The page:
Apple HomePod to get soothing ambient sounds and 100,000 radio stations this fall
Apple quietly updated its website this week to announce new HomePod features
The Apple HomePod smart speaker will gain a range of new features before the end of the year, including radio streaming and ambient sounds.
Although not spoken about on stage at the company's iPhone 11 and Watch Series 5 launch this week, the new features are now appearing on the HomePod page on Apple's website.
First to launch will be access to 100,000 radio stations. Streaming radio is something rival smart speakers like the Amazon Echo and Google Home have offered natively for a long time, and for some readers it might be a surprise to learn the two-year-old HomePod doesn't have access to radio via Siri, Apple's voice assistant.
But, thankfully, radio stations will arrive on September 30. Apple says 100,000 stations will be available, including live, local and global stations. Accessing a station is done by just asking Siri to start playing it.
Also coming soon is a new HomePod feature called Ambient Sounds. This ability is similar to what is already available from Amazon and Google, a feature that is designed to help you relax or sleep by playing sounds like ocean waves, forest birds and rainstorms on demand. Apple says Ambient Sounds will come to the HomePod "later this fall" but is not giving a specific date yet. Google Home speakers have offered this feature since 2017.
Music can be switched from iPhone to HomePod with a waveApple
The fall will also see the HomePod become more personalized. With this update, first announced back in June, the HomePod will be able to recognize the voices of up to six different people in the same family or household, then play music based on the tastes of whoever asks. When a user says: "Hey Siri, play some music," a playlist will start based on their own listening history and preferences.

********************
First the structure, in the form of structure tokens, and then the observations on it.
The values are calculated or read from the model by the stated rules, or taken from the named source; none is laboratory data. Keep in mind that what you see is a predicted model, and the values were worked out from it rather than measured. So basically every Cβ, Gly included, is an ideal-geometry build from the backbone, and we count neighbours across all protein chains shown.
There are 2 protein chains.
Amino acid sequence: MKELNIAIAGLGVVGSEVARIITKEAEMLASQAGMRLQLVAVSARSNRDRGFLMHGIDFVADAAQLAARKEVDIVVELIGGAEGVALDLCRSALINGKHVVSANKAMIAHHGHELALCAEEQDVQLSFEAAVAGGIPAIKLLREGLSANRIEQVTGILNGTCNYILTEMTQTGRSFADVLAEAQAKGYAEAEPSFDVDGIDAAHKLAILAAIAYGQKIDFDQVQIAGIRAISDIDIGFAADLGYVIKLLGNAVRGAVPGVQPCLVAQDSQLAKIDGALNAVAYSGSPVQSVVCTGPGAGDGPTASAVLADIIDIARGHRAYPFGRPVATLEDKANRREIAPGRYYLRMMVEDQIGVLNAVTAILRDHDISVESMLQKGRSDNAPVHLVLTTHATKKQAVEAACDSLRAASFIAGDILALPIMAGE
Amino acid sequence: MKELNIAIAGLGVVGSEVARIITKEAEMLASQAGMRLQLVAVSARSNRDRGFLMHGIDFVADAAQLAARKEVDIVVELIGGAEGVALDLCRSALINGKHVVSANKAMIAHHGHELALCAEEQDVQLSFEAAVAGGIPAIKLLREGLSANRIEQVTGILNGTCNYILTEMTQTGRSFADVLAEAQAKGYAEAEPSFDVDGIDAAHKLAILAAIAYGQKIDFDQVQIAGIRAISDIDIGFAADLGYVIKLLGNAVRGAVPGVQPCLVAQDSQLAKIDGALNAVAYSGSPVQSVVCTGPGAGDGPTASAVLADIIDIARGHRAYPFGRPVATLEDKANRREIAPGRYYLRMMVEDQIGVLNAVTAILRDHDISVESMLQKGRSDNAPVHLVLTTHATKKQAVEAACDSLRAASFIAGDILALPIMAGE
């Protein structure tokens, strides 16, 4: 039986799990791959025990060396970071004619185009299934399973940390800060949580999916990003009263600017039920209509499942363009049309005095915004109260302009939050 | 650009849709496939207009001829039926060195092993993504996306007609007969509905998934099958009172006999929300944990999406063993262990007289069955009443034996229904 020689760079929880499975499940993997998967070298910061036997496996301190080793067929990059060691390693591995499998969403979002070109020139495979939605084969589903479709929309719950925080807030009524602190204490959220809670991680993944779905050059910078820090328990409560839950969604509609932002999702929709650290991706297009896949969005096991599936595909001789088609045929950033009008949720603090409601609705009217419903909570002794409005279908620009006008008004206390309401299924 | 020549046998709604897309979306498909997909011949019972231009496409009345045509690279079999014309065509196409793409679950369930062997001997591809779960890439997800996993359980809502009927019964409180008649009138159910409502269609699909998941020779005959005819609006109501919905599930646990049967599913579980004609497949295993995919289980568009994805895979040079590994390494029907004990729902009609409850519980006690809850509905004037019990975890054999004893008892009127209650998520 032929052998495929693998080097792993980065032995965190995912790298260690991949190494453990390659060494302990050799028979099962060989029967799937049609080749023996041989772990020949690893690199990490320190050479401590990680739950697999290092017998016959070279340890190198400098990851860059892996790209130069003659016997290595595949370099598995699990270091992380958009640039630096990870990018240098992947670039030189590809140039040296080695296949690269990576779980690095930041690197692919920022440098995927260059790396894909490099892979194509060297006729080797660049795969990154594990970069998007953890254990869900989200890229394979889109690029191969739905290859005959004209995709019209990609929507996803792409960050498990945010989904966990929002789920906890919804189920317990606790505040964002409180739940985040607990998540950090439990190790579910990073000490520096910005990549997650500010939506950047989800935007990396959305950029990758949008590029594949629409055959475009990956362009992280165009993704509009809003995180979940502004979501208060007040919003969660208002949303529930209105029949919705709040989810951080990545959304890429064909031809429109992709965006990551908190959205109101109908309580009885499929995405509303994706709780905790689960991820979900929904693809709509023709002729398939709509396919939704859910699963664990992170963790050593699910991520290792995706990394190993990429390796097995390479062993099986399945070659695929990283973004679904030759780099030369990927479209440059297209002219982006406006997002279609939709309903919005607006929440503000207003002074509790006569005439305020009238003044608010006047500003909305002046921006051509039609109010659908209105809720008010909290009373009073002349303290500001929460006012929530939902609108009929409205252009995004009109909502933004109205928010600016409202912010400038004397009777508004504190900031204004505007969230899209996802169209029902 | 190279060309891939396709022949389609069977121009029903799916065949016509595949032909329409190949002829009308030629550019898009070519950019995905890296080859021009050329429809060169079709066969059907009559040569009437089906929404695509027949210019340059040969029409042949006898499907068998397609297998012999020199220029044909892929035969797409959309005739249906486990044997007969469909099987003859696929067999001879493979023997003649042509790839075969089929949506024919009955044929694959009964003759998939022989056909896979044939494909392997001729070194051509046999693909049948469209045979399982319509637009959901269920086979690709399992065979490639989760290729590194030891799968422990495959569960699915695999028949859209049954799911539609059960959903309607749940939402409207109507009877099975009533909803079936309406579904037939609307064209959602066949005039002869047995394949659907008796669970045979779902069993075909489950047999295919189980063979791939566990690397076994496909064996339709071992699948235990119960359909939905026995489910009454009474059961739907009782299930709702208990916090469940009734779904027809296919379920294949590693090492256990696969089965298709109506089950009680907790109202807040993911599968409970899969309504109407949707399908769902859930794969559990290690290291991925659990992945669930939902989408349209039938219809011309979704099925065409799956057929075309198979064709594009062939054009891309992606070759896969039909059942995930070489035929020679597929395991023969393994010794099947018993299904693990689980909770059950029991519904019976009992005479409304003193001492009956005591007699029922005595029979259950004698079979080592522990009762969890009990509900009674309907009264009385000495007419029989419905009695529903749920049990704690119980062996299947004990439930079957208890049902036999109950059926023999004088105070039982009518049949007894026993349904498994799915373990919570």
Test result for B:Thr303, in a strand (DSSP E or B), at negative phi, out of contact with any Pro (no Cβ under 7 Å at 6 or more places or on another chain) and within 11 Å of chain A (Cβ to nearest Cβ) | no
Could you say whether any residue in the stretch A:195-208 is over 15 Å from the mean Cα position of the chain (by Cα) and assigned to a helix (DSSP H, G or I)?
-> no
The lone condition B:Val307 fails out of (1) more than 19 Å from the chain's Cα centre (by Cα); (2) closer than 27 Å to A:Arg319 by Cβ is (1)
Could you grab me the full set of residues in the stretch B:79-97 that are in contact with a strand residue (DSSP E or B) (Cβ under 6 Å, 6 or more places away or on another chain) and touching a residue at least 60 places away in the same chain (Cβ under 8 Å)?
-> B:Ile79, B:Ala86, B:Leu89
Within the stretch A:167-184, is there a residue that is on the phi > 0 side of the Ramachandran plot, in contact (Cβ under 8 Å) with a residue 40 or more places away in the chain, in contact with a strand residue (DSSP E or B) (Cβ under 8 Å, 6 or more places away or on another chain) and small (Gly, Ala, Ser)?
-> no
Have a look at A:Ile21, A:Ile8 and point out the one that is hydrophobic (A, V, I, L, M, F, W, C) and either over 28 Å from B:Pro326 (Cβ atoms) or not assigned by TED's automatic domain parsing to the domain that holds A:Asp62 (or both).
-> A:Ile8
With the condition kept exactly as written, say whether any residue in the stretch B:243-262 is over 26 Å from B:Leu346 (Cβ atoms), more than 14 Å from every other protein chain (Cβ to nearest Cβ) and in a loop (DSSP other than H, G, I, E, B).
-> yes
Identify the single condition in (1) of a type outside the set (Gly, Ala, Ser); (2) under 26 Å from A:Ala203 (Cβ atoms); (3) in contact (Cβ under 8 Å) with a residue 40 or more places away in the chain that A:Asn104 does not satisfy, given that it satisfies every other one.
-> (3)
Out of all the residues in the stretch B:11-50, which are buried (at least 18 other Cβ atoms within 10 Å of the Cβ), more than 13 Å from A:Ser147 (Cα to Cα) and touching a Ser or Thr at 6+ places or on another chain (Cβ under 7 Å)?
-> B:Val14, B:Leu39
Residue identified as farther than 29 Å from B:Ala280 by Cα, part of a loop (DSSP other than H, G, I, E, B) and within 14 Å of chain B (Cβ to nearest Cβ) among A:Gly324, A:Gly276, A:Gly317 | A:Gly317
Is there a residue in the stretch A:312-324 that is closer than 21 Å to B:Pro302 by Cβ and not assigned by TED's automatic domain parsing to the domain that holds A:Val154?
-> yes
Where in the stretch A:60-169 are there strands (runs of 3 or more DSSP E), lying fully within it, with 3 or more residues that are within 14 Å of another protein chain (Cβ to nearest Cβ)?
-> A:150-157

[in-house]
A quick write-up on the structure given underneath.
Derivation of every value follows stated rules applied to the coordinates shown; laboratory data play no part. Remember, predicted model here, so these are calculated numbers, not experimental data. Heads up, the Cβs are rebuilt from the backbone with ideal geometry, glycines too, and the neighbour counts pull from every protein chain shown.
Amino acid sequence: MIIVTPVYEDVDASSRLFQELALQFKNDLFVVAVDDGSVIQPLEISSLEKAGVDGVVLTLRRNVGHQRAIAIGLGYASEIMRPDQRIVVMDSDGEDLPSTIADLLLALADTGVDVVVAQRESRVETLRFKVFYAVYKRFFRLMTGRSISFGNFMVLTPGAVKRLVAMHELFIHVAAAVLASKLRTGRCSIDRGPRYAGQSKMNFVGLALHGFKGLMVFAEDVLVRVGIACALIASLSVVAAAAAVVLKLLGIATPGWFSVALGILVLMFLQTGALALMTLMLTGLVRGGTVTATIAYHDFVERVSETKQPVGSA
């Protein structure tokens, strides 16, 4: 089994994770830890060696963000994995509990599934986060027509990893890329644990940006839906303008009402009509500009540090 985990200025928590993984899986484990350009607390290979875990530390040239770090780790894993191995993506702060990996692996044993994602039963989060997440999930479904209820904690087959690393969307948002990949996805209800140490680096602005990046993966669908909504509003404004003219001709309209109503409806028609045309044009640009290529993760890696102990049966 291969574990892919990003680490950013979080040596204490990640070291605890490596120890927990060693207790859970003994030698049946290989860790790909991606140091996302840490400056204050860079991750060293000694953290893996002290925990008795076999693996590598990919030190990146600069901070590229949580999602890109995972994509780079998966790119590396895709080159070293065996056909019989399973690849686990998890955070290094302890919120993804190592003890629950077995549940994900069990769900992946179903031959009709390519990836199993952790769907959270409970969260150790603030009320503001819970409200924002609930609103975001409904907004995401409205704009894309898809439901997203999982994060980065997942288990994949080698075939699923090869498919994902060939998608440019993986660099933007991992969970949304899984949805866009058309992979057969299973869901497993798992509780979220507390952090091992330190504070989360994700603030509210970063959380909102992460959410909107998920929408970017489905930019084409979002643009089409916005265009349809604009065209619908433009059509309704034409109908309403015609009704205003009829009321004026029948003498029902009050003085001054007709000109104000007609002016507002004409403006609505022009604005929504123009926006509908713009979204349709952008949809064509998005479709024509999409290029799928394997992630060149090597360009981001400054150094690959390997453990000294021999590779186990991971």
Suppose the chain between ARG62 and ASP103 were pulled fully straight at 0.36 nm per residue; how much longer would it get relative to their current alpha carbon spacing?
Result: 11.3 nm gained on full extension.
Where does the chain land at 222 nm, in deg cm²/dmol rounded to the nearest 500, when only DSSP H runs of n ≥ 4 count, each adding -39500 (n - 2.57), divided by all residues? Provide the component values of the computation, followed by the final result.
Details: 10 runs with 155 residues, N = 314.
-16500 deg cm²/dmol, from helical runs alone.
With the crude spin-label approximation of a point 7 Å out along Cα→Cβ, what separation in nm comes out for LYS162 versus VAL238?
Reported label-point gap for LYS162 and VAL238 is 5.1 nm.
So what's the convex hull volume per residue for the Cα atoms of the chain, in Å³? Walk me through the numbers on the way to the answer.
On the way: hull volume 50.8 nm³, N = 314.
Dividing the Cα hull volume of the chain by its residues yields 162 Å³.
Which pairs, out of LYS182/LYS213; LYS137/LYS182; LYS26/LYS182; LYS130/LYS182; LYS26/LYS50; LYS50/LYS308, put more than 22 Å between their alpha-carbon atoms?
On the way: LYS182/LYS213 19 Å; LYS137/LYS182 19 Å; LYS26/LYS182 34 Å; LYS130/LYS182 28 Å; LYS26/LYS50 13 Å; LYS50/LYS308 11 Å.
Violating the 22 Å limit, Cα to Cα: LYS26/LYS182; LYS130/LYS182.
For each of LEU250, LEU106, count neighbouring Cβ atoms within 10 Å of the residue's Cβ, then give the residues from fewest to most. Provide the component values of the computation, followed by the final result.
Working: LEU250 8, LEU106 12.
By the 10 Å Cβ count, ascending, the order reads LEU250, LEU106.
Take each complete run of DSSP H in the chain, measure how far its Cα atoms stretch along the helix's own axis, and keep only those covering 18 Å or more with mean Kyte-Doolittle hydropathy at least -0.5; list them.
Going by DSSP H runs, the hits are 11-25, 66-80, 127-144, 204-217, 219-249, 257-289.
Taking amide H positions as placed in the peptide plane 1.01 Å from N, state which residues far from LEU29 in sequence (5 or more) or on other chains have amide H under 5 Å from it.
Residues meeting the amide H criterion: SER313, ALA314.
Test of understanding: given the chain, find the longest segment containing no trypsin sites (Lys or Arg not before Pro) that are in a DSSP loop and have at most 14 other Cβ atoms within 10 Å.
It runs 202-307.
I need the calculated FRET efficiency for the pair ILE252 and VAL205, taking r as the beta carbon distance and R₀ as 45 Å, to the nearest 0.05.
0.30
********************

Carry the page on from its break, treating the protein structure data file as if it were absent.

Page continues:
This system will also give Siri the ability to read out messages, lists and calendar entries aloud, and make calls, based on the personal details of the person speaking. That way, when you ask Siri on the HomePod about your calendar entries for today, you'll get the right answer — but if your partner or roommate asks the same question, Siri will read out that person's schedule instead.
Finally, the fall will see a new feature where phone calls, music or podcasts can easily be 'handed off' between HomePod and also an iPhone or an iPad. For example, if you are listening to music on your iPhone as you walk home; when you get in, holding your iPhone close to the HomePod for a moment will then transfer the music to the speaker, and play the song from there.
The same can be done when leaving, so if you're listening to a podcast on the HomePod you can hold your iPhone against it and the podcast will switch from speaker to smartphone.
How Apple Homekit Workswww.youtube.com